Canyon Creek Meadows Hike, Three Fingered Jack

7.5 miles

My husband and I have lived in Bend for the past 5 years and with the exception of a few hiking trails, we always try to visit new ones as there are so many.  I have heard numerous times about the epic views of Three Finger Jack and beautiful wildflowers at Canyon Creek Meadows but until this past weekend we just had never had time.  Timing of the wildflowers seems to be a little hit or miss, but I would say that from mid-July to late August is a prime time to visit this area.  In heavy snowfall years, it may be wise to go in August.  This hike did not disappoint at all and definitely ranks in my top 5 hikes in the area.  My only recommendation would be to go early in the morning so you will get more optimal views of Three Finger Jack as the mountainside will be bathed in sunlight.

The Canyon Creek Meadows trailhead is about 45 minutes from FivePine Lodge and starts from Jake Lake Trail.  From the lodge head West on Hwy 20 past Camp Sherman and take a right on Jake Lake Rd.  Drive about 4.2 miles and turn left on FS 1230.  Go another 1.6 miles and continue on the gravel road.  Continue another 1 mile and stay left on FS 1234.  From here the next 5 miles to the trail is pretty bumpy.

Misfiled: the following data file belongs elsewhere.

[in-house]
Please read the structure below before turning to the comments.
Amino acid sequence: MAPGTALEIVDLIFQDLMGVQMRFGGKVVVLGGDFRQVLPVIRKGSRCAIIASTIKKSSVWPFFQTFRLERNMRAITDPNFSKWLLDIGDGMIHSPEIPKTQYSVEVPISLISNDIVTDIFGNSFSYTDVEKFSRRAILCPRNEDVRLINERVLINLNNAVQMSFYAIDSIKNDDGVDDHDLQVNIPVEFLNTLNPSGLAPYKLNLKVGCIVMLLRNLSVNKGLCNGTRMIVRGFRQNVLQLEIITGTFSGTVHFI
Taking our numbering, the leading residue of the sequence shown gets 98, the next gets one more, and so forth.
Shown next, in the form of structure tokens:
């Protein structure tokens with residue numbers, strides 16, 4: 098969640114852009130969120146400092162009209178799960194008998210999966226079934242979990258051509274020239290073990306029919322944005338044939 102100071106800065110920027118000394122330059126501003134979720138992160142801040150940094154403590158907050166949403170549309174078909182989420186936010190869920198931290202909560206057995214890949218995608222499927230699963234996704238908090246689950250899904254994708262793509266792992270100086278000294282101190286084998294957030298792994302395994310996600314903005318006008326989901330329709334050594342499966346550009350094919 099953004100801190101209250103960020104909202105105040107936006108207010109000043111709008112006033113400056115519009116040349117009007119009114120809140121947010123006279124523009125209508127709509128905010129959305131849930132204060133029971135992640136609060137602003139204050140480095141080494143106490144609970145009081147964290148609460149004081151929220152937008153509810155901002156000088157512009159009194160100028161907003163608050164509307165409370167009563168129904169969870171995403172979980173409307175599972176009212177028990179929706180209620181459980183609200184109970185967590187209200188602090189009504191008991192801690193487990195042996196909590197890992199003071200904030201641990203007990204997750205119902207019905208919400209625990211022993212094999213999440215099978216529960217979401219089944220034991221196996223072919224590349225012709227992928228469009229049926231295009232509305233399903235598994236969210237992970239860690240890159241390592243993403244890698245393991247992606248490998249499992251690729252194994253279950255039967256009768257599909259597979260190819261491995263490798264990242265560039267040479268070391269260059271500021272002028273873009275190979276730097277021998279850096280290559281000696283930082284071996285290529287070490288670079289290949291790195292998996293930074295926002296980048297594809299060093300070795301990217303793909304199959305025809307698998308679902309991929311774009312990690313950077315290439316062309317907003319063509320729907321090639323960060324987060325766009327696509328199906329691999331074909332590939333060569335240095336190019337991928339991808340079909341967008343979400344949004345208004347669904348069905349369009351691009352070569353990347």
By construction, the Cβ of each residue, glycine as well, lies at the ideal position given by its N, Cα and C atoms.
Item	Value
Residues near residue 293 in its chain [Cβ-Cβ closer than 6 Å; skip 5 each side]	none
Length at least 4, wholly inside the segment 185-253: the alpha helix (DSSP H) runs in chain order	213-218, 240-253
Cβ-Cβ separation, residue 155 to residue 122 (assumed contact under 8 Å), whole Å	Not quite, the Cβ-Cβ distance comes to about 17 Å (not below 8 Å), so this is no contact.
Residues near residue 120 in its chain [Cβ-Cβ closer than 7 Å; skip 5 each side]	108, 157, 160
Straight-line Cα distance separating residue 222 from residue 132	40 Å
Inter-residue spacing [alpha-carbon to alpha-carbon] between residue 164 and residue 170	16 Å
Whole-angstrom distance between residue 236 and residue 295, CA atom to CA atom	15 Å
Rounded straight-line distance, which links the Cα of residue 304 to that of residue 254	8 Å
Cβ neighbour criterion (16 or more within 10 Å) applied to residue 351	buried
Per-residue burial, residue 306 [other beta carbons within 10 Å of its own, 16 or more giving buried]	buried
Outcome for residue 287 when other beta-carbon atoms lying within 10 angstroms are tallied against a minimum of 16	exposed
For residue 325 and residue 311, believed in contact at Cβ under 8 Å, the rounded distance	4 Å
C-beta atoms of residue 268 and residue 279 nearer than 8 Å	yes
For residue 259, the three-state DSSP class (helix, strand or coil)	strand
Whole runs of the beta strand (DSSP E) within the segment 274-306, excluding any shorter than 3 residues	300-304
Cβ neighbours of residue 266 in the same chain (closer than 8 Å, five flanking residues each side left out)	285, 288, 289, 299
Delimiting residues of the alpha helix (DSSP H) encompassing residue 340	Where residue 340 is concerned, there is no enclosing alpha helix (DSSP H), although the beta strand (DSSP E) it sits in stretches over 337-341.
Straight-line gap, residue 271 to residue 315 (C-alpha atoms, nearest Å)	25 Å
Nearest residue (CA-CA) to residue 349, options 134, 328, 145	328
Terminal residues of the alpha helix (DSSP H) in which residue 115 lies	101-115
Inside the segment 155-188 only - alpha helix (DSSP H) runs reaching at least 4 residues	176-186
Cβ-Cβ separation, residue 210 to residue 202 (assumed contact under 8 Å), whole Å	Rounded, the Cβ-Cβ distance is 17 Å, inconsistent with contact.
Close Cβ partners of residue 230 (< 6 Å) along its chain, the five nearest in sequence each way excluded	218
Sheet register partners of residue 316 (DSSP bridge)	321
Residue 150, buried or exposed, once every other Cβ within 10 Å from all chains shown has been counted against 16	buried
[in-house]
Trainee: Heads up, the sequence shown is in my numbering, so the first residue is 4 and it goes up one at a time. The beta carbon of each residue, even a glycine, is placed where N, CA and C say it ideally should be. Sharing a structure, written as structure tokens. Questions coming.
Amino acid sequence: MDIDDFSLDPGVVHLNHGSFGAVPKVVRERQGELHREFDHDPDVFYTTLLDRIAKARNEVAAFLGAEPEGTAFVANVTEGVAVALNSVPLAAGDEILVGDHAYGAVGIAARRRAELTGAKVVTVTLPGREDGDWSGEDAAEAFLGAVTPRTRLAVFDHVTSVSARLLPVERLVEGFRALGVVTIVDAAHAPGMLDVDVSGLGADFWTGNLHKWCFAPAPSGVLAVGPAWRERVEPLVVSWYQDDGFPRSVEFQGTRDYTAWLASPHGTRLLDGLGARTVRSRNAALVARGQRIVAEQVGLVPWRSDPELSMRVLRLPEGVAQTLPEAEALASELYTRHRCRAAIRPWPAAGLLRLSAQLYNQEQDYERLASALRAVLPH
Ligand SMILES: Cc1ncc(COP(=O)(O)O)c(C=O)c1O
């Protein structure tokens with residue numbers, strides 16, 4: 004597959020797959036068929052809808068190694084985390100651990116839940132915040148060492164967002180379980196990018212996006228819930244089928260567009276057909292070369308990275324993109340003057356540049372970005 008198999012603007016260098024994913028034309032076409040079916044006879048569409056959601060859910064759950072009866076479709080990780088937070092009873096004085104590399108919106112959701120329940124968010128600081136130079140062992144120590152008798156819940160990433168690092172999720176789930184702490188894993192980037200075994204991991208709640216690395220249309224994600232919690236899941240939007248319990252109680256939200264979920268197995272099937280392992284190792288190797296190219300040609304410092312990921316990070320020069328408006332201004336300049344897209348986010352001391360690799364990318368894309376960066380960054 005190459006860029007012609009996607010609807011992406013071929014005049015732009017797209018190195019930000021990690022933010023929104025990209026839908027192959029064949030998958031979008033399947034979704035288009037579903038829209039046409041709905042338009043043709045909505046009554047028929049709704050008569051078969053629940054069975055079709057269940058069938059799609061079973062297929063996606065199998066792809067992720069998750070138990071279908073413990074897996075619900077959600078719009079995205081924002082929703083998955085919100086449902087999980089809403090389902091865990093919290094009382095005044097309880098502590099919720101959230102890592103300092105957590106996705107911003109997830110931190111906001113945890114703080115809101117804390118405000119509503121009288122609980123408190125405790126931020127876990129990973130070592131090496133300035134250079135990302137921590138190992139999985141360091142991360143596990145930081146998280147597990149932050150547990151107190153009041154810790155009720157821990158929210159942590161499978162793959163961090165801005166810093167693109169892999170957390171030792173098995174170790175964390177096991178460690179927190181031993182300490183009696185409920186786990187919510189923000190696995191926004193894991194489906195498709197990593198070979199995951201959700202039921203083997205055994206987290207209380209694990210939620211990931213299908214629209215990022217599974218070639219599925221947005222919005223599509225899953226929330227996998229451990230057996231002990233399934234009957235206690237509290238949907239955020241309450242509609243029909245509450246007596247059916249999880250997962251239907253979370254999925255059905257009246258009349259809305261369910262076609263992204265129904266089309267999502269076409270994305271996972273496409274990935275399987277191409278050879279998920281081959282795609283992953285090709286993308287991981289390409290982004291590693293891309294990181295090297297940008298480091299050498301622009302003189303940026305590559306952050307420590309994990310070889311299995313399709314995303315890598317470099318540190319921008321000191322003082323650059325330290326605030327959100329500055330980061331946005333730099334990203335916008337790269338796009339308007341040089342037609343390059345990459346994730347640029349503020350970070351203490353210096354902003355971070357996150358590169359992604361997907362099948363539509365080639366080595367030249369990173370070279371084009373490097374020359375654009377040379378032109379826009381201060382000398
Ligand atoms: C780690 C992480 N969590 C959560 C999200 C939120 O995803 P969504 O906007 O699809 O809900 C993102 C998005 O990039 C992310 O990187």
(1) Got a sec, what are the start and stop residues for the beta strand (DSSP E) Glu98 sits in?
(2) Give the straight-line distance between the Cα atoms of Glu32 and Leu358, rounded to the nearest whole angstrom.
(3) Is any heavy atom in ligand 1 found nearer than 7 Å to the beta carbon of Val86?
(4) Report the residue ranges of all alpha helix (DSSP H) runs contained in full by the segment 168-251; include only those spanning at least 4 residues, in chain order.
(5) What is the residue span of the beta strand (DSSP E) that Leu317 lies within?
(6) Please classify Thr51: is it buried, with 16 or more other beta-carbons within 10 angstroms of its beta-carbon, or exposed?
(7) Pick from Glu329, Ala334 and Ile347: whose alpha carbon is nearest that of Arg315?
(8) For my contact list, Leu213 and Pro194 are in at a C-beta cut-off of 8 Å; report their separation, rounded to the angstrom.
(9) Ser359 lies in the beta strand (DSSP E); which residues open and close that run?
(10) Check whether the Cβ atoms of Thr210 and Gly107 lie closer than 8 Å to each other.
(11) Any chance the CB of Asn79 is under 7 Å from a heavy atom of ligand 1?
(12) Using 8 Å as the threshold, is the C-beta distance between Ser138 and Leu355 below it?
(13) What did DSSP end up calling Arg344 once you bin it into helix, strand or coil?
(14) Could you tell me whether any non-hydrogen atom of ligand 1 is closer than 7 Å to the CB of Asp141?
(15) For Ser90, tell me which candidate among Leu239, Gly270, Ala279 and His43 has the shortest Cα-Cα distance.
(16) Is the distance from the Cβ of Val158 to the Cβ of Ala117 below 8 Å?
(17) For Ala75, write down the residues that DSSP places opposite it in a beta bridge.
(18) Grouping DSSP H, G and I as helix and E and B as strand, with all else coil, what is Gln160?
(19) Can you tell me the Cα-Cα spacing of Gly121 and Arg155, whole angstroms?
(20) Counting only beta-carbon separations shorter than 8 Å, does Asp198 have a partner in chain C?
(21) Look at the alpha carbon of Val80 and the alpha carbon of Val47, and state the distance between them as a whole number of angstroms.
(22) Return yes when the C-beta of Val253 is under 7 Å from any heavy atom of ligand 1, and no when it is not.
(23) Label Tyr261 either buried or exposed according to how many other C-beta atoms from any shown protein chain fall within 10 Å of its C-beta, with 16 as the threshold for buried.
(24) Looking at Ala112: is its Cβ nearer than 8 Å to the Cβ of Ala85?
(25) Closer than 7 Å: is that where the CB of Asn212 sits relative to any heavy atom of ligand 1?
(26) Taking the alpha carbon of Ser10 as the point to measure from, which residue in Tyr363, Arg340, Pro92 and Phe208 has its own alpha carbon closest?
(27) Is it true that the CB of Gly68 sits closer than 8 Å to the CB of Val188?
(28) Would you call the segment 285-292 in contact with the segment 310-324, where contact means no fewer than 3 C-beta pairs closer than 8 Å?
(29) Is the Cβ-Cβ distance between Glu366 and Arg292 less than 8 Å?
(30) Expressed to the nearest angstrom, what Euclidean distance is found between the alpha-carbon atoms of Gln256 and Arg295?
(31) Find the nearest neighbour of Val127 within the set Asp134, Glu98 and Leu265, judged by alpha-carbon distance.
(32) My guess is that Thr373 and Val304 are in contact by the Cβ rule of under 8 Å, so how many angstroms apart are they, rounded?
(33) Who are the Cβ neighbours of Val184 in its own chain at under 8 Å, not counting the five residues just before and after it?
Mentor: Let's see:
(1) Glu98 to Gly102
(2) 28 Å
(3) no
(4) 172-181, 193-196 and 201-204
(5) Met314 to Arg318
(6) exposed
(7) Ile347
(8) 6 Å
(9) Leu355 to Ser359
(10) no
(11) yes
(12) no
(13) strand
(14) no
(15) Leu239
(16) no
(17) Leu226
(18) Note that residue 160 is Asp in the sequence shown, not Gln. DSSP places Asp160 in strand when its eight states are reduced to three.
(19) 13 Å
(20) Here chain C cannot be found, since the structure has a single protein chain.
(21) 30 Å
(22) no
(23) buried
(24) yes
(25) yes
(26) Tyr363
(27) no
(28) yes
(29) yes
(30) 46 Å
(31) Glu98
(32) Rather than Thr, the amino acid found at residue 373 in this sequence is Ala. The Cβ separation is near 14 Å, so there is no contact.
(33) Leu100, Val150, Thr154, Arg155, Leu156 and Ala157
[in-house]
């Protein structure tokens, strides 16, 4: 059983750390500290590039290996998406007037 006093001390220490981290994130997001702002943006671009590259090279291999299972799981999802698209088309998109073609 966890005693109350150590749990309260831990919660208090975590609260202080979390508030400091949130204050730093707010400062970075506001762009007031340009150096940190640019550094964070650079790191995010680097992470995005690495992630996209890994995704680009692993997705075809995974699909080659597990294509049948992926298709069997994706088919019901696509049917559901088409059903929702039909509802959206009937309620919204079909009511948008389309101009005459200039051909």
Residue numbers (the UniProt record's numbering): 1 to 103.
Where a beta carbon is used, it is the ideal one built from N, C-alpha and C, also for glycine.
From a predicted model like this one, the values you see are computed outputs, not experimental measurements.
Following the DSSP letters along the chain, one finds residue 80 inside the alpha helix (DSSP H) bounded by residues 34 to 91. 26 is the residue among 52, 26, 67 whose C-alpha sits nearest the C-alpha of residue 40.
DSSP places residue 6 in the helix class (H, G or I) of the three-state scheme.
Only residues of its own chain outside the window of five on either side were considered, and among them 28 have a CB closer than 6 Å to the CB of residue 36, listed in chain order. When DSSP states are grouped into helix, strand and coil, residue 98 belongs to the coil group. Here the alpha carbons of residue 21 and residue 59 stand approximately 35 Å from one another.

The parking lot does fill up quickly during peak months and weekends.  We were able to go on a Friday afternoon and the area was pretty full around noon.  There is a restroom at the parking area as well.  Due to the trails popularity, it is patrolled by the Forest Service.  You can pick up a National Forest Pass from the FivePine Lodge front desk for $5.  This is also a great trail for your 4 legged companions as there is a no leash law.

When you begin your hike, you will pass Jake Lake on the left side.  Shortly after, you will come to a sign for Canyon Creek Meadows and Wasco Lake.  There is the lower and upper Canyon Creek Meadows and to the lower meadows is about 2.25 miles.  This is a relatively easy hike and is manageable for younger children.  The first mile or so takes you through the remnants of the B&B fire that occurred in 2003.  There is lots of new growth which is wonderful to see.  Once you reach the lower meadows there are many downed trees that make for a nice stopping point to sit down and enjoy some lunch.  These areas provide a small amount of wildflowers, but if you are willing and able I would highly recommend continuing your journey to the upper meadows.  It is about 1.5 miles and is much steeper, but so worth the trek.

If you want to continue to the upper meadow, take the trail to your left.  As you continue your trek, you will see more and more wildflowers.  Bug spray is highly recommended and if you are allergic to bees, be prepared!

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